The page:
Well well well, it looks like Americans aren’t the only group of people that like a good discount. French people have been caught with their hands in the proverbial (and literal) Nutella jar.
Collectively, France lost its mind.
— Kenny LeBon (@kennyLebon) January 25, 2018
POUR DU #Nutella MDRRRRRRR 😂😂😂😂😂😂😂😂
— King kdo (@KINGKDOO) January 25, 2018
Like Americans with big trucks or reality TV, the French are OBSESSED with Nutella. 26% of the world’s Nutella is consumed by the French, that’s second most in the world after Germany. That’s 75,000 tonnes per year, or 100 million jars. (Let’s say it again for the people in the back: ONE HUNDRED MILLION JARS.) This is an addiction, and we all know addictions make people do crazy things.
First thing Thursday morning, French people lined up outside Intermarchés across the country, waiting for the stores to open. Once inside with the jars in sight, they swarmed; there was tension, aggression, “riots,” and, by some reports, violent behavior toward fellow francais, all in pursuit of a good deal on Nutella.
— ABC News (@ABC) January 26, 2018
In Saint-Cyprien, shoppers rushed an employee delivering the next pallet of Nutella jars.
In Rive-de-Gier, 600 jars sold… in five minutes.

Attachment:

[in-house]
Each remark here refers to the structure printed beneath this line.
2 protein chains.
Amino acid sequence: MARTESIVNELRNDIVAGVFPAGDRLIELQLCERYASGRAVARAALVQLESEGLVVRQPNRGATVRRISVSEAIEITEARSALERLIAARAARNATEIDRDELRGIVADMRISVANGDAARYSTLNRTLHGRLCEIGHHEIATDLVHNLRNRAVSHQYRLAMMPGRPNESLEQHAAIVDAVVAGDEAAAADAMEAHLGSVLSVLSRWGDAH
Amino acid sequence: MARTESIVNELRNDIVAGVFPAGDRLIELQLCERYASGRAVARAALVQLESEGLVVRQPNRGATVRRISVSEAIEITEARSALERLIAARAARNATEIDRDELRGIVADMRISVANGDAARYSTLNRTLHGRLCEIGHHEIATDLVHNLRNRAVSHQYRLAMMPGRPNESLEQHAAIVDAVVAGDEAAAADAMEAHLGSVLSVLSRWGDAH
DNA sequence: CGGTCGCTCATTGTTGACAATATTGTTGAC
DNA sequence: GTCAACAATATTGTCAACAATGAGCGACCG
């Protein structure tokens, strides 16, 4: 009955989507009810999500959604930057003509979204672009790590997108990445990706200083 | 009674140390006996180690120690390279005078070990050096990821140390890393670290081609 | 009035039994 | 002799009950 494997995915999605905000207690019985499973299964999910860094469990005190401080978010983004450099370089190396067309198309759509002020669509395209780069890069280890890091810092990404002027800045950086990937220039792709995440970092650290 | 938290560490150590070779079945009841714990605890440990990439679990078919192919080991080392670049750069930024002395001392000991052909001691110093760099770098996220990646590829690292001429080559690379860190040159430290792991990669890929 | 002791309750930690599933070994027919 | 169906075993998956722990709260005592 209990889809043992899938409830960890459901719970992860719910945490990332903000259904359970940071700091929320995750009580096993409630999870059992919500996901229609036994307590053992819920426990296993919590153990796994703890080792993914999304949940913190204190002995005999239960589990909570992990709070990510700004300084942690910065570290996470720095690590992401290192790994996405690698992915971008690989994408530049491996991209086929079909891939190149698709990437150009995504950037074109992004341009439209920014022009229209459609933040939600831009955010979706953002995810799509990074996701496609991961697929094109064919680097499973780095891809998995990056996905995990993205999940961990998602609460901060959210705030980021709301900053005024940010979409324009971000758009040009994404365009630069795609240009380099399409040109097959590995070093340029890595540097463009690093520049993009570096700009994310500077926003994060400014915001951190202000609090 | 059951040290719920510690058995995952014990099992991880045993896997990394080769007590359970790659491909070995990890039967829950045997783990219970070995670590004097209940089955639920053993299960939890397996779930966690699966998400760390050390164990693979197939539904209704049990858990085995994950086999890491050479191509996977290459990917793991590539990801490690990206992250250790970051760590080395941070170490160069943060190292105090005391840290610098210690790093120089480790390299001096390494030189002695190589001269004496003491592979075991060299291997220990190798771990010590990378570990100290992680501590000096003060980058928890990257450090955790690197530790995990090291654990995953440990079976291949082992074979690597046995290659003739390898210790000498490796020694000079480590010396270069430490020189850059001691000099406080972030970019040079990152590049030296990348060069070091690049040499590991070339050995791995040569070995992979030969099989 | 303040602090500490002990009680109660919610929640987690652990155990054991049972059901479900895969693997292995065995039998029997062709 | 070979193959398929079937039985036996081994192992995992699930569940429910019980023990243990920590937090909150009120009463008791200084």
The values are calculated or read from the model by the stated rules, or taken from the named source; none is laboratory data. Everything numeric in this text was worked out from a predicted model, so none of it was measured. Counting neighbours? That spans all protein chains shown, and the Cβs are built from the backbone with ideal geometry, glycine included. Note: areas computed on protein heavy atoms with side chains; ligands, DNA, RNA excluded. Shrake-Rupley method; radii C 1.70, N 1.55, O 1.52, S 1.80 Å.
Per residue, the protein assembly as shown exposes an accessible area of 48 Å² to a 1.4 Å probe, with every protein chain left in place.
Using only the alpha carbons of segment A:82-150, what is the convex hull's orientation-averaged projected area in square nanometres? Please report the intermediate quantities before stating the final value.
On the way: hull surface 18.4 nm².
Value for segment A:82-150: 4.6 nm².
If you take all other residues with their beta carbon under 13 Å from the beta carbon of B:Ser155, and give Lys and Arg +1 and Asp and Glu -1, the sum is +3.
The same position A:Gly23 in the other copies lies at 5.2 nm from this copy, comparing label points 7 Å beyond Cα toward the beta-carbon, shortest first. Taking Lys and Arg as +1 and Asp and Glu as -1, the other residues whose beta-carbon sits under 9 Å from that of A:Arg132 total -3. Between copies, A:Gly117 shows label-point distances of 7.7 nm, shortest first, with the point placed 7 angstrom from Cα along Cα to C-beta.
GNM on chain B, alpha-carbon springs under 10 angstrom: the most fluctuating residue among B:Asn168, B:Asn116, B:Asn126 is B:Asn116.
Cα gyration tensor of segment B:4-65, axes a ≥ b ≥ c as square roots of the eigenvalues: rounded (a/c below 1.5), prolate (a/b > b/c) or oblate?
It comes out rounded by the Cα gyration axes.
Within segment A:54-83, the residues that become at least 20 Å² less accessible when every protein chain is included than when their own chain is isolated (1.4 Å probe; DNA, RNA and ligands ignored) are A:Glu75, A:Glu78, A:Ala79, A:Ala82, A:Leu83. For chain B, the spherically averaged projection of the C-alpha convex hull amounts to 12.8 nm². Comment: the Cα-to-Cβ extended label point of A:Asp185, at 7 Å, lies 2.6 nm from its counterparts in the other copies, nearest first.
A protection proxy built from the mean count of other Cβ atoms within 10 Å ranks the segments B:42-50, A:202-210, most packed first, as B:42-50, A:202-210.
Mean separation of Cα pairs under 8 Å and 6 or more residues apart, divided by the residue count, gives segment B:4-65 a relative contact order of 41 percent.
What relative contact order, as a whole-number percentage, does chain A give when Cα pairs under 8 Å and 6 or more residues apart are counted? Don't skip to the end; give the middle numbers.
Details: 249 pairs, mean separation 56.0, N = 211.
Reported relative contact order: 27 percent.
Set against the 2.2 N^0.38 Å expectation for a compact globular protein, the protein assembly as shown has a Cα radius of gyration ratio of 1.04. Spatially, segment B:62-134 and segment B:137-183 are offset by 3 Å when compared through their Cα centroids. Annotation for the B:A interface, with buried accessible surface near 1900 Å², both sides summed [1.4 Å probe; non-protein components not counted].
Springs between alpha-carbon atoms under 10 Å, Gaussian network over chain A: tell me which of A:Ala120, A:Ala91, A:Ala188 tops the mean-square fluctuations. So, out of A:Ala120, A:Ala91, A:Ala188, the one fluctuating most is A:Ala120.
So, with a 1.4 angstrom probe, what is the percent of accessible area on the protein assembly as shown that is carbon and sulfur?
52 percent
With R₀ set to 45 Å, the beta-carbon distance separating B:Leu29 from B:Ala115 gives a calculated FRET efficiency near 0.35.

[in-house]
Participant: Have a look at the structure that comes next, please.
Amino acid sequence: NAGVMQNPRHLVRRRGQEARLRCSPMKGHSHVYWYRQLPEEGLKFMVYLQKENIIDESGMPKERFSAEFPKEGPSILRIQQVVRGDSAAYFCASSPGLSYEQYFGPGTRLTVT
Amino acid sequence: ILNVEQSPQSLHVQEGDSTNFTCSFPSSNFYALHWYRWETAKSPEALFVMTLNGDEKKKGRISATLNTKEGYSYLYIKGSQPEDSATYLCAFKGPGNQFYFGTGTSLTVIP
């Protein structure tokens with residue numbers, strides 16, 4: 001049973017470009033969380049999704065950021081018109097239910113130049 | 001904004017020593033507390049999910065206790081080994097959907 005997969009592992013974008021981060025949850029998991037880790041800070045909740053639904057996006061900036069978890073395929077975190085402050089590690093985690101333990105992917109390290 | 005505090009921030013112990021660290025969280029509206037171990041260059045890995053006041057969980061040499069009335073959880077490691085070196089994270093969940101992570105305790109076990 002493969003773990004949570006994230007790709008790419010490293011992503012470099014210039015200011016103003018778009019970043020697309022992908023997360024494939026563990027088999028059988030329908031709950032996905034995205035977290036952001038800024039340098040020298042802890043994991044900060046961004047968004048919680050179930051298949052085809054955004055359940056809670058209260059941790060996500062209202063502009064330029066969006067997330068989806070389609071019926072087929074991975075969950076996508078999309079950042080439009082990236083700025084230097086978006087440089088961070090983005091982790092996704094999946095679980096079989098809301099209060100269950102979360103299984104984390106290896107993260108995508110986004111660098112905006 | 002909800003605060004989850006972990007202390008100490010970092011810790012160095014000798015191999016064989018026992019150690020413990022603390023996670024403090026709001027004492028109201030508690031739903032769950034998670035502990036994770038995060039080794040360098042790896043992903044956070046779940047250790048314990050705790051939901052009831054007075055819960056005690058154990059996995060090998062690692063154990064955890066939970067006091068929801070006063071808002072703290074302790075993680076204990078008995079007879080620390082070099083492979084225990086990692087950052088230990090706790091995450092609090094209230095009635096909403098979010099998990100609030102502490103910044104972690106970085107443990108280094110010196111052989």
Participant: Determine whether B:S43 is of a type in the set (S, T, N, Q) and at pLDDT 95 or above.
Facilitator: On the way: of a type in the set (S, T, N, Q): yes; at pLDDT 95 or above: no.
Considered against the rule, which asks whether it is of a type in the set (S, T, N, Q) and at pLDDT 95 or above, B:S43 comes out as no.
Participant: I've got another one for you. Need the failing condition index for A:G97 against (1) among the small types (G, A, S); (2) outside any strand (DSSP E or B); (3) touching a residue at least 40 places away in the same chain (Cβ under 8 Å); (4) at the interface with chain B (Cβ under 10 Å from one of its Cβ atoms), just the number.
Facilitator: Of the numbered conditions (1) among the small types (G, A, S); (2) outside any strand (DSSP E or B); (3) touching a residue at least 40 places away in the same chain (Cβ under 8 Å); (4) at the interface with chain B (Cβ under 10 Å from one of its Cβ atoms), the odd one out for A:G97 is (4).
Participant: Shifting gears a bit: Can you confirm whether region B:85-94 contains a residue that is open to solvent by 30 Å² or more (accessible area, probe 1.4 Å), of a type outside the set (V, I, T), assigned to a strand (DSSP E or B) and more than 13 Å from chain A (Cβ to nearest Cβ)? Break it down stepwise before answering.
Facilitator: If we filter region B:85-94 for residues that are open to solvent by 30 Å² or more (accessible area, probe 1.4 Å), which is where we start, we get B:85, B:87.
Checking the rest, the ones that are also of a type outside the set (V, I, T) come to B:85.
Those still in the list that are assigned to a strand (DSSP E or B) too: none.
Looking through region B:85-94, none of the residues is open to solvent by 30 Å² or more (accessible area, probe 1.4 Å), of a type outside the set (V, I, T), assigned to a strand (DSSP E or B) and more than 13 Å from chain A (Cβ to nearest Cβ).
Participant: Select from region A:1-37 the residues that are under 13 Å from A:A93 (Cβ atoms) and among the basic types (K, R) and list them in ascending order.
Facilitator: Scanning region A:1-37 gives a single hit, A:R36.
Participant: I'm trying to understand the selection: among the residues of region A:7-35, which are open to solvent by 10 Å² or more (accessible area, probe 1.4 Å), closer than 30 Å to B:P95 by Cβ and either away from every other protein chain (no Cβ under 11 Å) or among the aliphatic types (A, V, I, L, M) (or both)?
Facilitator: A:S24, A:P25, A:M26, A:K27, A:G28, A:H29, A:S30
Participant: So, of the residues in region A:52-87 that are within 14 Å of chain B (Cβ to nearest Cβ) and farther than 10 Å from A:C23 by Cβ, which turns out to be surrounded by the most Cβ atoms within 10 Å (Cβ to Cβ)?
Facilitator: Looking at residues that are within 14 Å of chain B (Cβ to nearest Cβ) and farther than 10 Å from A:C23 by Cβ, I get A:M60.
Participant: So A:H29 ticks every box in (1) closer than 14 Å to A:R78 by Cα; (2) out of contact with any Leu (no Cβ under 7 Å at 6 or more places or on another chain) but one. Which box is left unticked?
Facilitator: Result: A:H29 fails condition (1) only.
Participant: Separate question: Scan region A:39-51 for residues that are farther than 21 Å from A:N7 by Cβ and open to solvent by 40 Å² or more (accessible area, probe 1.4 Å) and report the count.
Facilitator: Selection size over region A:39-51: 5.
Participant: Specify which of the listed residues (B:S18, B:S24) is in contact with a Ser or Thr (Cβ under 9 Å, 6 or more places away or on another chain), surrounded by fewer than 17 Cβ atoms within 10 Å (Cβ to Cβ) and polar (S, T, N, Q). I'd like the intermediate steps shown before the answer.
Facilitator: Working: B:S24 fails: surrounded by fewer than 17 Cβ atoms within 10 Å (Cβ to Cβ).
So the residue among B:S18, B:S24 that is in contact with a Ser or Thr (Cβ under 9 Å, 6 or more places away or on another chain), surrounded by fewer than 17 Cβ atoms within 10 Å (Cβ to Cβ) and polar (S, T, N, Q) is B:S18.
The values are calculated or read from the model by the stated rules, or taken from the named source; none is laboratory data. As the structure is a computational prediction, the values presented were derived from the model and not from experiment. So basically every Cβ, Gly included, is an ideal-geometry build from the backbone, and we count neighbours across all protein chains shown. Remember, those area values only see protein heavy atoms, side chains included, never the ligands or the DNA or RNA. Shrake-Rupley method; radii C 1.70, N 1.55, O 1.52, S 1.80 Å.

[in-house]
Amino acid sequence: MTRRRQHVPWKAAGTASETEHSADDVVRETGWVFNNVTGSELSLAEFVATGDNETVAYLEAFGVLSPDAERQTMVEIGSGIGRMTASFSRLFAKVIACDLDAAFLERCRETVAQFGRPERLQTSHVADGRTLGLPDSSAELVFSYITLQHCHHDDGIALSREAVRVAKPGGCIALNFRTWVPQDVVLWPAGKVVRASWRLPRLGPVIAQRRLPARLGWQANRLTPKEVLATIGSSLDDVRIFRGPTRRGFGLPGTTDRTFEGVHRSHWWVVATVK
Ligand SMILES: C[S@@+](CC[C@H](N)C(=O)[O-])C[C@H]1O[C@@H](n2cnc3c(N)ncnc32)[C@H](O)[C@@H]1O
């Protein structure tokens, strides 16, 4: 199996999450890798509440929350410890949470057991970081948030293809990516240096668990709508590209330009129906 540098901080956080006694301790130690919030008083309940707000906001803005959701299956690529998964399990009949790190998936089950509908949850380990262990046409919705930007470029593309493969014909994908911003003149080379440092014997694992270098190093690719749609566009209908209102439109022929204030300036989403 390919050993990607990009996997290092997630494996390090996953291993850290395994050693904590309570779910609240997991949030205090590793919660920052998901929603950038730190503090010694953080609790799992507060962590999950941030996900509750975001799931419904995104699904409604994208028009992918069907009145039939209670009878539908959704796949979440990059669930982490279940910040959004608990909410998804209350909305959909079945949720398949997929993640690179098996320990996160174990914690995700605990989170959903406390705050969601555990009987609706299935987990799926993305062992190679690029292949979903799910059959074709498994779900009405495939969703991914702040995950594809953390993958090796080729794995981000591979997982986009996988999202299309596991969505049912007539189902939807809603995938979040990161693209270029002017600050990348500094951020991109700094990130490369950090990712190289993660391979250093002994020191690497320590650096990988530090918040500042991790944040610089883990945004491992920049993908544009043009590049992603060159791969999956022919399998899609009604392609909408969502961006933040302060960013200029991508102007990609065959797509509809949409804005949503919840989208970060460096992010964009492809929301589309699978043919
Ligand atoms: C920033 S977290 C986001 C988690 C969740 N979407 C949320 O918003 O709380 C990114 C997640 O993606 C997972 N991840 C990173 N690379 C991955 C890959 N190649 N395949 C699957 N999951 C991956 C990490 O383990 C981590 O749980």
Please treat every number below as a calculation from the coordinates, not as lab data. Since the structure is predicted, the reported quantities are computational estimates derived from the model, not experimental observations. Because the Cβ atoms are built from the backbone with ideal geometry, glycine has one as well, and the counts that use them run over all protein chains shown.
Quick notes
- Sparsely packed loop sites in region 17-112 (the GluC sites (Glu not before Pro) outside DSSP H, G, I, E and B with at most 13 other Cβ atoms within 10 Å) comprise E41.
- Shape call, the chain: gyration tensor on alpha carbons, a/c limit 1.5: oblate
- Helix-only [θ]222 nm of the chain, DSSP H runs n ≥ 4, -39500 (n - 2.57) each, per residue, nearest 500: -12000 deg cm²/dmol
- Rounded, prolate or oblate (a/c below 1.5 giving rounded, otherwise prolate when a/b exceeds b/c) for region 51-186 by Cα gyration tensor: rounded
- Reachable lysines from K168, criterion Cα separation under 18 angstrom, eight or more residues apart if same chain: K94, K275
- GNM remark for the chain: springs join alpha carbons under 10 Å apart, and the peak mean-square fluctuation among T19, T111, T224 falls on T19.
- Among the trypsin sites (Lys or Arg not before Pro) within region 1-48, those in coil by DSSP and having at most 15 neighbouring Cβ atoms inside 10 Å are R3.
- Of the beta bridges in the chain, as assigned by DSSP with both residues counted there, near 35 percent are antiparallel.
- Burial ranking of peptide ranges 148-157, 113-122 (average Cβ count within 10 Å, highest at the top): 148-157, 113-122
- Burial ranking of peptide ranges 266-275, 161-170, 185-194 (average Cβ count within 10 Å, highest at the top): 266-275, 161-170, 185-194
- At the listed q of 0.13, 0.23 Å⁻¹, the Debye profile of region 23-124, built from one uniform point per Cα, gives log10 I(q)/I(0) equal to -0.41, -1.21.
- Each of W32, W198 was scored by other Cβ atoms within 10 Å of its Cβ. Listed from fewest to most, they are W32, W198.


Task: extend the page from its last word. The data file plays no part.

“It’s insanity, it feels like we’re on the first day of les soldes,” said an employee of an Intermarcheé in Haguenau, referring to France’s massive semi-annual six-week sales with discounts going as deep as 70%.
Shoppers were strategic in Montbrison. “Some customers came the night before the promotions to hide the Nutella jars in other places, and thus prevent others from taking them,” said Jean-Marie Daragon from Intermarché. He thought he could curtain this kind of sneaky behavior by limiting the number of jars to three per person, except “they were going back and forth [to get more],” lamented Daragon.
In total, the Montbrison store sold 700 jars in 45 minutes. And they plan to offer the discount again on Friday and Saturday.
In a statement, Ferrero Rocher, the maker of Nutella, criticized Intermarché’s decision to offer the discount, and clarified that the supermarket made the decision “unilaterally” without the maker’s input.